Current through 2020 NY Law Chapters 1-56 and 58-126
Section 60.20 - Rules of evidence; testimonial capacity; evidence given by children1. Any person may be a witness in a criminal proceeding unless the court finds that, by reason of infancy or mental disease or defect, he does not possess sufficient intelligence or capacity to justify the reception of his evidence.2. Every witness more than nine years old may testify only under oath unless the court is satisfied that such witness cannot, as a result of mental disease or defect, understand the nature of an oath. A witness less than nine years old may not testify under oath unless the court is satisfied that he or she understands the nature of an oath. If under either of the above provisions, a witness is deemed to be ineligible to testify under oath, the witness may nevertheless be permitted to give unsworn evidence if the court is satisfied that the witness possesses sufficient intelligence and capacity to justify the reception thereof. A witness understands the nature of an oath if he or she appreciates the difference between truth and falsehood, the necessity for telling the truth, and the fact that a witness who testifies falsely may be punished.3. A defendant may not be convicted of an offense solely upon unsworn evidence given pursuant to subdivision two.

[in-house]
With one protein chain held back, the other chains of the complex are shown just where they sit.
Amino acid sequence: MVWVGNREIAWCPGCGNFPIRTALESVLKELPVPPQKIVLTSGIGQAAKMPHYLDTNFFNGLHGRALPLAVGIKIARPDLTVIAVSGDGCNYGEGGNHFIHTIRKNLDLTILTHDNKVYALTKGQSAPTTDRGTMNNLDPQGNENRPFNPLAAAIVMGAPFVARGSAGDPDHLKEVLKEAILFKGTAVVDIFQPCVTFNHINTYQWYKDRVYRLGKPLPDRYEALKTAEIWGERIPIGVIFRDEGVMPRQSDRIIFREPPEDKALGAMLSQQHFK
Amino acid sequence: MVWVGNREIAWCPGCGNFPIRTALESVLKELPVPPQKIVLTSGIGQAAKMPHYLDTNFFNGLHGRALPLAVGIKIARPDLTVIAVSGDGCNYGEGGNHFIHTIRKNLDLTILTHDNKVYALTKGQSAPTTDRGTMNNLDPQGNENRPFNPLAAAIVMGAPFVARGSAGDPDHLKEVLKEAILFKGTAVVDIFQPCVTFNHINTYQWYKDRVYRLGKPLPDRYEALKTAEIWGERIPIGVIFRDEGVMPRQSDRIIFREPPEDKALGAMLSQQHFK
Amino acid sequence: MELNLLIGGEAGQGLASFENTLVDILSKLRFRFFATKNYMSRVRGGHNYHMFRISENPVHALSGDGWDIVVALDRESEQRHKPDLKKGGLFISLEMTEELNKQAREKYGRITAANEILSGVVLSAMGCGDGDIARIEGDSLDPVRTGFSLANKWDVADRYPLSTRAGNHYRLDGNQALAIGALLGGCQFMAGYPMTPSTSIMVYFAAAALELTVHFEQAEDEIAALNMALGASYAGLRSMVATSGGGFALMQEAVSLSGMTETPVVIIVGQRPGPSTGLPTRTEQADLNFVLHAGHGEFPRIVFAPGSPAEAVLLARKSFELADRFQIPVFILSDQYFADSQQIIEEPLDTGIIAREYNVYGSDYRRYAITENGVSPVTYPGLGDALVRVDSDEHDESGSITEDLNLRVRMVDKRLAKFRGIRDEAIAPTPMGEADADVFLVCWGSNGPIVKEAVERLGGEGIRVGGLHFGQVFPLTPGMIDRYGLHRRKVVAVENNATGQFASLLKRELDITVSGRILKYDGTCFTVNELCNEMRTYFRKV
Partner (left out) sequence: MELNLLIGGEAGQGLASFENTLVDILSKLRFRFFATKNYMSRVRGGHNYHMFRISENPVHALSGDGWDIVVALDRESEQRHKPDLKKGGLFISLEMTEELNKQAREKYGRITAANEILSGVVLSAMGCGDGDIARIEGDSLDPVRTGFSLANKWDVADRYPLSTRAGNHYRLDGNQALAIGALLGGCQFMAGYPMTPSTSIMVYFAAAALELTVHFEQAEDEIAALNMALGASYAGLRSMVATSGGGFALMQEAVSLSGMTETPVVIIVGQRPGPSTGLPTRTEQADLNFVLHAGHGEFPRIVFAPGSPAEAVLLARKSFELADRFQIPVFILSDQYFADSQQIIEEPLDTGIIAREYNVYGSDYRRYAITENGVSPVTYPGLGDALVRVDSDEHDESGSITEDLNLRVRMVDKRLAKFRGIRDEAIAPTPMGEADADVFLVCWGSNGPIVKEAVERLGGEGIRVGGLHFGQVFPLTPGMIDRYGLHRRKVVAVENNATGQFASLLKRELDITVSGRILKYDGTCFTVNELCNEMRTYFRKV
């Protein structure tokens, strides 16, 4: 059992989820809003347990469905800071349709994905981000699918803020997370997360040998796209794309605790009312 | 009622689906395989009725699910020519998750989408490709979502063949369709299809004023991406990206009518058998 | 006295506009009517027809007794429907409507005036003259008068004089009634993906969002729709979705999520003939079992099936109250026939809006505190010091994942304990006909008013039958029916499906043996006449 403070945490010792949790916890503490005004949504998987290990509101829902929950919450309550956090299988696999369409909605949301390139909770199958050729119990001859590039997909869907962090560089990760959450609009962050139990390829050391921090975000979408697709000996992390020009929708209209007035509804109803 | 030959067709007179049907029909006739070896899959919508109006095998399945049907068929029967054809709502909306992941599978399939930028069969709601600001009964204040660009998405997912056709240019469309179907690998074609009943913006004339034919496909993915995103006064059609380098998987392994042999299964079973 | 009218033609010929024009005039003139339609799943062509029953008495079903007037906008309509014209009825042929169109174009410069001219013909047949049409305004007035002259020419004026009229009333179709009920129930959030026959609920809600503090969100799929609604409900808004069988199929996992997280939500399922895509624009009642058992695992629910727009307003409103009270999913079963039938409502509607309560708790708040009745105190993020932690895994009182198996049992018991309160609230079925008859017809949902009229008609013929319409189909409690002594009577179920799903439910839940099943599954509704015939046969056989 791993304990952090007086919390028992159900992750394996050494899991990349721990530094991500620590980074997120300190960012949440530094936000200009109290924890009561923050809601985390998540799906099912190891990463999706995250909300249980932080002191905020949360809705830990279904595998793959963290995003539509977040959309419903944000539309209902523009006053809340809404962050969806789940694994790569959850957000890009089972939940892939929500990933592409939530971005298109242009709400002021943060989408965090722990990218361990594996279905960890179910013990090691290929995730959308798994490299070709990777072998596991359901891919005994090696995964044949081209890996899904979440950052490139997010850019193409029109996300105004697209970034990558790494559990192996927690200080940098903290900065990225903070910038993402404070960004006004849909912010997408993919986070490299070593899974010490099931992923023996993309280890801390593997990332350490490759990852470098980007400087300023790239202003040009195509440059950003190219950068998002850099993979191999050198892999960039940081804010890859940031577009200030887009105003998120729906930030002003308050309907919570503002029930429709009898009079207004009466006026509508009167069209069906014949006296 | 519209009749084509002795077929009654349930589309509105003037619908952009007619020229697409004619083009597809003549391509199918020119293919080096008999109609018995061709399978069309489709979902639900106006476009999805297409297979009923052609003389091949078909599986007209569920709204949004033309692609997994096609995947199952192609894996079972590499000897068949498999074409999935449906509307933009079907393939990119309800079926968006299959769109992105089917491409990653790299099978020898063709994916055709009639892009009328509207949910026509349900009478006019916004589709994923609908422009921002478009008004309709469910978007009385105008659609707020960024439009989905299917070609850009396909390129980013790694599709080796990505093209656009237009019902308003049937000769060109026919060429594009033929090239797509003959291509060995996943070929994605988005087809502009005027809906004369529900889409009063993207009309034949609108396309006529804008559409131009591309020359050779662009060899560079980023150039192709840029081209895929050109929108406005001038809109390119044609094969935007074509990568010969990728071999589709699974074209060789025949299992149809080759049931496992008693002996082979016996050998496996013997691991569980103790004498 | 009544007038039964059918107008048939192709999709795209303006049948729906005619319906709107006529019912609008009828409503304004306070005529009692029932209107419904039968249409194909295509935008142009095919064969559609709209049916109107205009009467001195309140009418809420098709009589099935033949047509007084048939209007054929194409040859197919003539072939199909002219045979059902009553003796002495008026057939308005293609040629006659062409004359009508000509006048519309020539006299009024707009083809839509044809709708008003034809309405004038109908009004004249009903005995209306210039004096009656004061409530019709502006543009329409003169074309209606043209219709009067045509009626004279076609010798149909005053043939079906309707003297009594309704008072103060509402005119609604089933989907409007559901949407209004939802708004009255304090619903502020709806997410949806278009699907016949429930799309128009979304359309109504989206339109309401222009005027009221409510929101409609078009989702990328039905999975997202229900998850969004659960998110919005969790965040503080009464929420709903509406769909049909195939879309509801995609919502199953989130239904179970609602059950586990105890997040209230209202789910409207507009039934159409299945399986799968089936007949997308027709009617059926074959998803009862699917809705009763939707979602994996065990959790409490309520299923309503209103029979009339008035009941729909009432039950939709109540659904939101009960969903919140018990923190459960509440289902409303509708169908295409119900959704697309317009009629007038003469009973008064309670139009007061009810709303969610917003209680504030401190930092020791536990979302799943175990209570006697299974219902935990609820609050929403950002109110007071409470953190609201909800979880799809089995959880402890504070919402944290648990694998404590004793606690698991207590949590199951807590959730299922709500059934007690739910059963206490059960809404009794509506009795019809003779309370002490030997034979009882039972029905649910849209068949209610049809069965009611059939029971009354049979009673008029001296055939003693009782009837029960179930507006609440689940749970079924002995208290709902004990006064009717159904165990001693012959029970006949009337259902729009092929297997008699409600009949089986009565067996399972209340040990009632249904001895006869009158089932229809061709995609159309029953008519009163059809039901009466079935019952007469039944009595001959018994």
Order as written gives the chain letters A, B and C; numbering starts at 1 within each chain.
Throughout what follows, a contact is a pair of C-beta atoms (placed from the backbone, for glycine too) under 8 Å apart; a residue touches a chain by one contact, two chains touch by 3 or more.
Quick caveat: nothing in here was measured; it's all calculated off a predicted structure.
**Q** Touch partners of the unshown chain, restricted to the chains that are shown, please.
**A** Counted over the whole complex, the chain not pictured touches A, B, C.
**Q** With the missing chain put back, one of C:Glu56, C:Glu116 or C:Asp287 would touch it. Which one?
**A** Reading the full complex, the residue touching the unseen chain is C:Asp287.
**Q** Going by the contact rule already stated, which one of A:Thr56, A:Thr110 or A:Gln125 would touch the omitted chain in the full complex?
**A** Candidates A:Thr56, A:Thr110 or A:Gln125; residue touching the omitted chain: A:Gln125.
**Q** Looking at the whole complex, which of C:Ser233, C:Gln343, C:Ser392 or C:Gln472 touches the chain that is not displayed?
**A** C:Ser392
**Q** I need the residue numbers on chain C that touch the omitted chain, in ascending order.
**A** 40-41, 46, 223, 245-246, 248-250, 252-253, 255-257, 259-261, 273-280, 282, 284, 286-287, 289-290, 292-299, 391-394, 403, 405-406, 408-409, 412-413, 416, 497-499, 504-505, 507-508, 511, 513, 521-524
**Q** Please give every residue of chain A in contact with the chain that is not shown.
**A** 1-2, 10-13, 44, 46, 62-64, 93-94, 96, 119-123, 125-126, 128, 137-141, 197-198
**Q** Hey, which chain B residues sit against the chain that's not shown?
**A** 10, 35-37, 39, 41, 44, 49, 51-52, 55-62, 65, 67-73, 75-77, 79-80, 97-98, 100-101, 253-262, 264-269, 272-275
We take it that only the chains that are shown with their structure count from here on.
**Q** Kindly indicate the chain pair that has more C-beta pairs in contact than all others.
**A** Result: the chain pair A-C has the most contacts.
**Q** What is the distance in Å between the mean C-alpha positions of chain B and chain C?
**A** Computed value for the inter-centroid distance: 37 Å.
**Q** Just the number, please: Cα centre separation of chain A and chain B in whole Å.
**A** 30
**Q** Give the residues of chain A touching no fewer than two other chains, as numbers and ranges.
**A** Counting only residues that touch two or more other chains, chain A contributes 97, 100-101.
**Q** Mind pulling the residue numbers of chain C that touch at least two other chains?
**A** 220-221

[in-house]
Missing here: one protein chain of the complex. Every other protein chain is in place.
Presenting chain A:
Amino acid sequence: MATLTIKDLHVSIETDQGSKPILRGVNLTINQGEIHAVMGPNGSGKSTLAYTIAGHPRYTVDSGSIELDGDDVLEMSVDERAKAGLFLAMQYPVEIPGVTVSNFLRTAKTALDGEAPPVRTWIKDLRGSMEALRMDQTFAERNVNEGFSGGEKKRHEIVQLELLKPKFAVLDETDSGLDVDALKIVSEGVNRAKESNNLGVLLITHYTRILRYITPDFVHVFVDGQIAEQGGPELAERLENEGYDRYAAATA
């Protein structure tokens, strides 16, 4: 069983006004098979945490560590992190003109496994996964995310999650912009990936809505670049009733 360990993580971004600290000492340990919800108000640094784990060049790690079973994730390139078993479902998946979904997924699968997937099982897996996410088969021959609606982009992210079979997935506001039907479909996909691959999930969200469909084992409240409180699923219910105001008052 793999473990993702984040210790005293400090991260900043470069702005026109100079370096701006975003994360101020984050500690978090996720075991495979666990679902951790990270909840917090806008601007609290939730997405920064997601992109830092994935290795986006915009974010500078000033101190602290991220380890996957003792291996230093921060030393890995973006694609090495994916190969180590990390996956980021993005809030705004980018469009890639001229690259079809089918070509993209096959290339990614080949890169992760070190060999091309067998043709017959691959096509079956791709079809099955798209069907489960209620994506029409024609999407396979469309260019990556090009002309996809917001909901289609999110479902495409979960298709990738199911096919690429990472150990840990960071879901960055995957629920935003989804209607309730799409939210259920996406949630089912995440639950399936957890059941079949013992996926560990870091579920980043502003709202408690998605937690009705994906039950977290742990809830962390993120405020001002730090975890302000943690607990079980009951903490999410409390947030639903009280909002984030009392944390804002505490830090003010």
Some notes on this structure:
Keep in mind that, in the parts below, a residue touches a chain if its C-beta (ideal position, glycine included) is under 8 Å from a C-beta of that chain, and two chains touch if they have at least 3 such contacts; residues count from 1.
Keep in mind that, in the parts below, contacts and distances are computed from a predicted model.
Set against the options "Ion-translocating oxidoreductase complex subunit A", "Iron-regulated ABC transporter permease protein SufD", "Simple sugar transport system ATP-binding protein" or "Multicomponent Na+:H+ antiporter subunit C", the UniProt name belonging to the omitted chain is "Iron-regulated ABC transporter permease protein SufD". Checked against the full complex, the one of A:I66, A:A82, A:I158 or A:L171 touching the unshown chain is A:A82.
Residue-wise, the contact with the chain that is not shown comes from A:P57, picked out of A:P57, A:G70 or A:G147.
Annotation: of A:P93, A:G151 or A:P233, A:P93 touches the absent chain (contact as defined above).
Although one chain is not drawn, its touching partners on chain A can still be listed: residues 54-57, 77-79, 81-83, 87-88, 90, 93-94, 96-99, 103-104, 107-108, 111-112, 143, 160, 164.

N.Y. Crim. Proc. Law § 60.20